So I think there's a lot of concerns for the Mexico side. Yeah, you sit first in CONCACAF and that maybe allows you to tinker a little bit, to take some chances and get some answers in big games like this, which you can't really replicate elsewhere. But I do think from a Mexican perspective, there are some warts under what looks like a pretty good qualifying run.
So what if you're Gregg Berhalter? What are you thinking about from your perspective?
Yeah. Well, the No. 9 position, man, right? It's a position we talk about on Fútbol Américas all the time. Why now with Herc, right? You're always going to bring up like top fives and this and that. But I think that's been one of the running themes on the show is the top five at that position for the U.S. And I'm sure if you go back to the first one, I'm sure he's got Jozy Altidore somewhere in there, like No. 2 or 3. And you can just see how much change there's been since, what, we started the show not even a year ago, seven, eight months ago. So that position, really, is not just unanswered, but he's tried so many different questions at it like beyond [Ricardo] Pepi.
And so I think, when you see Pepi in there for now, you think, "Great, listen, this kid's amazing, and we hope the run for him continues. But you’ve got to have other options. So I'm thinking that's a big concern for him. What you're going to get out of your star guys too? Is Weston McKennie going to give you some of those goals that he's been scoring for Juventus? We talked about it on the show.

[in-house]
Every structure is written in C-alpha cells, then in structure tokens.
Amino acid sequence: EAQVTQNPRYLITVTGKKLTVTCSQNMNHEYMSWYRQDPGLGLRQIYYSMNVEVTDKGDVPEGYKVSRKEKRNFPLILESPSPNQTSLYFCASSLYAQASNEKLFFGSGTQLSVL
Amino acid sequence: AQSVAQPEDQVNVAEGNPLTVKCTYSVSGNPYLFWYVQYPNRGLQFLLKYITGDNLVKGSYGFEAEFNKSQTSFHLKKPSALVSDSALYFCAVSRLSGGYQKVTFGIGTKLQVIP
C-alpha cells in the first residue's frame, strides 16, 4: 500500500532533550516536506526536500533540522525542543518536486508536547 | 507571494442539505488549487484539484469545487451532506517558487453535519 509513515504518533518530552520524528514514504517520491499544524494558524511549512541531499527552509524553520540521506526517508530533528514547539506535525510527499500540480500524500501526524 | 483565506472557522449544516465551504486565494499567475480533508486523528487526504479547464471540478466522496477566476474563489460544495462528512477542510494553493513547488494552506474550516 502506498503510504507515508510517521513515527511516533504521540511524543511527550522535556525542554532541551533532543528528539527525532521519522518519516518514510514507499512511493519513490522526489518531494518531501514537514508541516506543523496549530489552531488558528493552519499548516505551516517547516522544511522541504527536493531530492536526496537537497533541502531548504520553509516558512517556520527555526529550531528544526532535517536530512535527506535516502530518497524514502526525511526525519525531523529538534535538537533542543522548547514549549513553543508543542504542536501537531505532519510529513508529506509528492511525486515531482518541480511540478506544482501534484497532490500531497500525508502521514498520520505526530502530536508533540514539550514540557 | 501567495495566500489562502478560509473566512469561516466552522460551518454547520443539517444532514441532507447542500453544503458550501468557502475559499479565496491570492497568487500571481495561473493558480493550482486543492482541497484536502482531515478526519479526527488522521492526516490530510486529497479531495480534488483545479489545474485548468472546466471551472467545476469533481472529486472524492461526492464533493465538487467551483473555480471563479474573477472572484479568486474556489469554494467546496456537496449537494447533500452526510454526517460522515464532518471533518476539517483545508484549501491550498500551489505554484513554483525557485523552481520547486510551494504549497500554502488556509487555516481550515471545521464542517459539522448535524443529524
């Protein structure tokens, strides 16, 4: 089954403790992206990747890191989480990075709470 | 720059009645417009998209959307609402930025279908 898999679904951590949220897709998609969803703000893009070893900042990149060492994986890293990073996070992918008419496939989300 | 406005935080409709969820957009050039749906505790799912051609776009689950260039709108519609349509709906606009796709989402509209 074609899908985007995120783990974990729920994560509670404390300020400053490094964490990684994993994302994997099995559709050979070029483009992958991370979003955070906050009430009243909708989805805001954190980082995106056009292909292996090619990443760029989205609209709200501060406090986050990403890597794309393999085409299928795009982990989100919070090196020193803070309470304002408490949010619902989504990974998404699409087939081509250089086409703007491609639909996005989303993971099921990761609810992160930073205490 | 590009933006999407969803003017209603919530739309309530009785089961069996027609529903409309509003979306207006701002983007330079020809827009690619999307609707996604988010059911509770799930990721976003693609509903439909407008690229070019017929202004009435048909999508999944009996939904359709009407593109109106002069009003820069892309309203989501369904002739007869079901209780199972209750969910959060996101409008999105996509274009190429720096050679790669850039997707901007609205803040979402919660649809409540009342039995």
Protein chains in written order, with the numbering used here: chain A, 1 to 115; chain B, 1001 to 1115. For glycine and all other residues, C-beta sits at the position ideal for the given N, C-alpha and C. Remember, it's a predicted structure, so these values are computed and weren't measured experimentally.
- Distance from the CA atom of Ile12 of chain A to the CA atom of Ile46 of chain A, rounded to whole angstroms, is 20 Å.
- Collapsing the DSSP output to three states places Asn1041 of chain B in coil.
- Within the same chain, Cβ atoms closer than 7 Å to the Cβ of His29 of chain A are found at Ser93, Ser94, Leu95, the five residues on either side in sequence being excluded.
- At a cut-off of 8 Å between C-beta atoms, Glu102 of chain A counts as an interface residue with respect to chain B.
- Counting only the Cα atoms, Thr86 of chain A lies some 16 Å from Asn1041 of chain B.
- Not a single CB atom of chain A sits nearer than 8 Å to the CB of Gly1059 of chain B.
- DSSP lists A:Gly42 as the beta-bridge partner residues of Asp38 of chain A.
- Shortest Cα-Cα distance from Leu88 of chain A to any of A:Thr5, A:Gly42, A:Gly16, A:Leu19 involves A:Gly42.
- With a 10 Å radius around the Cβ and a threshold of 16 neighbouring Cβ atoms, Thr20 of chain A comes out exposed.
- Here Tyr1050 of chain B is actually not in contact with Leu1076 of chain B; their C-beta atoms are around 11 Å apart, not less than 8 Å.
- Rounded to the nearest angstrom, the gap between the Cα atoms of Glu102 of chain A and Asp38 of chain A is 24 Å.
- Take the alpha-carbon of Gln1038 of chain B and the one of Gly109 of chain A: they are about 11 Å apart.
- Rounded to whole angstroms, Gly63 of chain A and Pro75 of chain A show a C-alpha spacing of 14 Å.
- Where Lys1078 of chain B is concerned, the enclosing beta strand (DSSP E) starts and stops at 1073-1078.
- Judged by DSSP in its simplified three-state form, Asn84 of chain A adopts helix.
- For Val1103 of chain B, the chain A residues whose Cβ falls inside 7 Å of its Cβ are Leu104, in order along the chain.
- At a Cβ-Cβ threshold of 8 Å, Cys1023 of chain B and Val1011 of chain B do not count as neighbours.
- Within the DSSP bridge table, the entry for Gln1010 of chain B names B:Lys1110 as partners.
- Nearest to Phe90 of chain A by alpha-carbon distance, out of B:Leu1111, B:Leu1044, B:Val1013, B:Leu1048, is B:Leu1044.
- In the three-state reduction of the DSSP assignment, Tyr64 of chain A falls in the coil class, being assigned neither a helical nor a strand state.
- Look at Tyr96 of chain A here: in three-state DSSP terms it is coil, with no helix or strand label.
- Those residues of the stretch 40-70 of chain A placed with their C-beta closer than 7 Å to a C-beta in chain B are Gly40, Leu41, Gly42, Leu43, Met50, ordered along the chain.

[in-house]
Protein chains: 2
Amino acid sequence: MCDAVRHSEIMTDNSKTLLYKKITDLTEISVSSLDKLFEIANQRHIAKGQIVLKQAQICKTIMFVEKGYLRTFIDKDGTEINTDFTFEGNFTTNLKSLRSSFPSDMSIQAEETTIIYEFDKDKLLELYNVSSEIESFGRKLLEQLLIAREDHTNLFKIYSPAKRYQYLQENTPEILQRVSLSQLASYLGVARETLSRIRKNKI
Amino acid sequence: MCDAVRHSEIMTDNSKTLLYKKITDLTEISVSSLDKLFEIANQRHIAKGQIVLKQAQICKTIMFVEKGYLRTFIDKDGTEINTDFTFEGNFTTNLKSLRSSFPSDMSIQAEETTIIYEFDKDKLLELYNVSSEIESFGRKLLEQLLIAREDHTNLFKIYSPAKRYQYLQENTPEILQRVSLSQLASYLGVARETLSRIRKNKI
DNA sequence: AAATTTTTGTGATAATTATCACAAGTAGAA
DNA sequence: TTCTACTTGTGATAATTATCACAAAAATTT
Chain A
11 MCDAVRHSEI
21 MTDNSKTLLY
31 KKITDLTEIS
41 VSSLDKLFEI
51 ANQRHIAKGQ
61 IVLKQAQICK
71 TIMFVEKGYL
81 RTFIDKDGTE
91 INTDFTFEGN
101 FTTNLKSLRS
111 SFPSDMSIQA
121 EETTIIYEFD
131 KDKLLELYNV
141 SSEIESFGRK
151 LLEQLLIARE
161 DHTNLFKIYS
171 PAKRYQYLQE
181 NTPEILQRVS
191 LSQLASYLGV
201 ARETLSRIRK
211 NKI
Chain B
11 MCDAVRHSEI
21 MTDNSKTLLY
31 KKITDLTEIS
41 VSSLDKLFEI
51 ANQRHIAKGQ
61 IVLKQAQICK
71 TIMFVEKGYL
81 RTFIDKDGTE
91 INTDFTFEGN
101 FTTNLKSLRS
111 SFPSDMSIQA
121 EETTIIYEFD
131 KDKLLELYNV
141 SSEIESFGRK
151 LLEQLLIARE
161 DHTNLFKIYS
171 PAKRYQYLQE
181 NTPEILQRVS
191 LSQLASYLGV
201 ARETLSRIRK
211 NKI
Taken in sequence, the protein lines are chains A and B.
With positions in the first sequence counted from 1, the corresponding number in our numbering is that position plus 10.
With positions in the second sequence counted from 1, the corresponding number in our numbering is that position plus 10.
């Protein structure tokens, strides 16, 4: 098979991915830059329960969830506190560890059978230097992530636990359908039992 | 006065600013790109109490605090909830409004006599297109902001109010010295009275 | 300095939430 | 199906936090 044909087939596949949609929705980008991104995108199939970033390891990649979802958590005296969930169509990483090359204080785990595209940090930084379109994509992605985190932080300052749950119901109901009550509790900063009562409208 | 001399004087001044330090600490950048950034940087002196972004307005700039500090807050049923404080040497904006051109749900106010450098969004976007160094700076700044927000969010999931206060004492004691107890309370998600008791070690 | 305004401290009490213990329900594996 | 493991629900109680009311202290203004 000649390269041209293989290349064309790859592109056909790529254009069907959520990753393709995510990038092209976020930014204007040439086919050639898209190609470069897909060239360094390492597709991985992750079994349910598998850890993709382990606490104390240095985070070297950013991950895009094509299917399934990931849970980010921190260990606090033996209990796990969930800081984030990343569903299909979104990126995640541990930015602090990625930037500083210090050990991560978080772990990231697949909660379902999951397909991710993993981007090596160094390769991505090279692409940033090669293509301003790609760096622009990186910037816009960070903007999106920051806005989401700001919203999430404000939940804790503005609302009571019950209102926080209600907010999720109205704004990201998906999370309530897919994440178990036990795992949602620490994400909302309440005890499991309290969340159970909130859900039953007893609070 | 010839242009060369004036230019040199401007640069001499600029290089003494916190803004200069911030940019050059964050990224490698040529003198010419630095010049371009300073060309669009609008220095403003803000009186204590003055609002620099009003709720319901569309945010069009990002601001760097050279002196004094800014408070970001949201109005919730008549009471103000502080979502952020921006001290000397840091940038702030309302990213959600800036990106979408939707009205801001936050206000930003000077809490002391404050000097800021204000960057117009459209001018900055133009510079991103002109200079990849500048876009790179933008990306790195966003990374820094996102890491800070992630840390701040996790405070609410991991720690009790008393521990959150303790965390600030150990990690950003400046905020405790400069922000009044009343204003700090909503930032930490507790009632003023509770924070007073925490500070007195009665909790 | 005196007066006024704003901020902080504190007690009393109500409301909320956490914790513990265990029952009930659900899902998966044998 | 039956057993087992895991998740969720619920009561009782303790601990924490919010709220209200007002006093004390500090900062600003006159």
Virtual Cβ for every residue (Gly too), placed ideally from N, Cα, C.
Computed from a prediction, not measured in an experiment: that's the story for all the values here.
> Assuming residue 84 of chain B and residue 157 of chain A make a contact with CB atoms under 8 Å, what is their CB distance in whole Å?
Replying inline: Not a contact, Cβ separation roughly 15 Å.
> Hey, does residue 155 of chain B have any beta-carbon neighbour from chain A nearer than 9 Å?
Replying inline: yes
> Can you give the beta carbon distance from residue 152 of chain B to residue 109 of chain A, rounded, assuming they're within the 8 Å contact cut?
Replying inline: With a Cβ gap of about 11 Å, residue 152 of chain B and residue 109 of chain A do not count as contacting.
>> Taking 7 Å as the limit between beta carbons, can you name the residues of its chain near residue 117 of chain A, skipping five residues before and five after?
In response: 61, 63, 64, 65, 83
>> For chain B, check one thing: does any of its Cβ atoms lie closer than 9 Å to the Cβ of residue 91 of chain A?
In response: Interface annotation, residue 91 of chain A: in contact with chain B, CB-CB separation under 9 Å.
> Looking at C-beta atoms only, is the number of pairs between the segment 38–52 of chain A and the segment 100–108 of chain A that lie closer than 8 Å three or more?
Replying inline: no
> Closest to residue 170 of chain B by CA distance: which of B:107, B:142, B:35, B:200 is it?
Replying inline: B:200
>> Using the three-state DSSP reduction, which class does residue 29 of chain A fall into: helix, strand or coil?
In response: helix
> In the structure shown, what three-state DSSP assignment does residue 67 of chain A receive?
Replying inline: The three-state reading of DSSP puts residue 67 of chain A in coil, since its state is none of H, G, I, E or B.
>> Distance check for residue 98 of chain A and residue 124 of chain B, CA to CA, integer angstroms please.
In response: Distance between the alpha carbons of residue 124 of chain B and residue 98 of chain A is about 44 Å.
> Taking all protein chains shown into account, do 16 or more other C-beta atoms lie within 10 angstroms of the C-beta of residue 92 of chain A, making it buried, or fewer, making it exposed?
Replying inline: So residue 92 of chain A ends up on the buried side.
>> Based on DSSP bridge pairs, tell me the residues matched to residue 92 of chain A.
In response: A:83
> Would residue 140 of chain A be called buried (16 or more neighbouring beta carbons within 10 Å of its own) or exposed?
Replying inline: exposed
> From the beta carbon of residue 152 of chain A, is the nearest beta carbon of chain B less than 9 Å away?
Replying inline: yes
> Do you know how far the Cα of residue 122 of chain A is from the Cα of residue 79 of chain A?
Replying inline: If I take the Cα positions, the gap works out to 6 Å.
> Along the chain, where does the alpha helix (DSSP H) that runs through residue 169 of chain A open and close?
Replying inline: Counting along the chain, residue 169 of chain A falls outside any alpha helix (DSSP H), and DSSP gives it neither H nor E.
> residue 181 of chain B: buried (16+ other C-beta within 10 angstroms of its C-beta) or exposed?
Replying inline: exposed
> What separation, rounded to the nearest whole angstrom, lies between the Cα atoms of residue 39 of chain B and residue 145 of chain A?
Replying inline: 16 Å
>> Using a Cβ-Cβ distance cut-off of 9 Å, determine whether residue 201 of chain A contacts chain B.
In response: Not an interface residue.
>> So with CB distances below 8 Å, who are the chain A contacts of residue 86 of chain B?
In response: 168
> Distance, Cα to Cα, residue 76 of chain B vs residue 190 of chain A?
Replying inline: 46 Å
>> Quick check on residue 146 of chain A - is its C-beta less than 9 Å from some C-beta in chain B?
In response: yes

To me, if you're Mexico, you're worried about him. He's a big-game player. He's a set-piece player. Set pieces for Mexico are really a nightmare, especially against the United States. For every Mexico fan, they're a hold-your-breath moment. So Weston McKennie is a scary player for you. And then Christian Pulisic, who in other games against Mexico and honestly for this U.S. team, has been very quiet. What are you going to get from him over 90 minutes? 60 minutes? 30 minutes? Whatever you ask of him in that Mexico game, which is another big question for Gregg Berhalter. What's the actual workload you can ask of Christian Pulisic after what we've seen is now kind of a cycle of him going to the national team, getting hurt, missing time with Chelsea.
So when it comes to your show, Fútbol Américas, is it accurate to say that you're trying to do something on the show that we see a lot more of in Mexican media than the U.S. soccer media, which is to say, having polémica, debates about the sport here?
Yeah. So first of all, I wouldn't say it's probably unique to Mexican soccer, right? I think you see that in a lot of different places.
Herc is Mexican American, I'm Mexican American, most of our production team is Mexican American, Latino. so they watch ESPN Deportes. We see the content that comes out of Argentina, which is where we produce a lot of our content. But yes, the bulk of it, Mexico City, shows like Fútbol Picante, those are kind of institutions in Mexican soccer. They set the narrative for what everybody is talking about, what's in the papers. And I'll be honest, that's a show that I've idolized since I was a kid. Since it launched, not a kid, when I'm a much younger adult when it launched and being like, "Wow, this is something that I'm going to watch every night."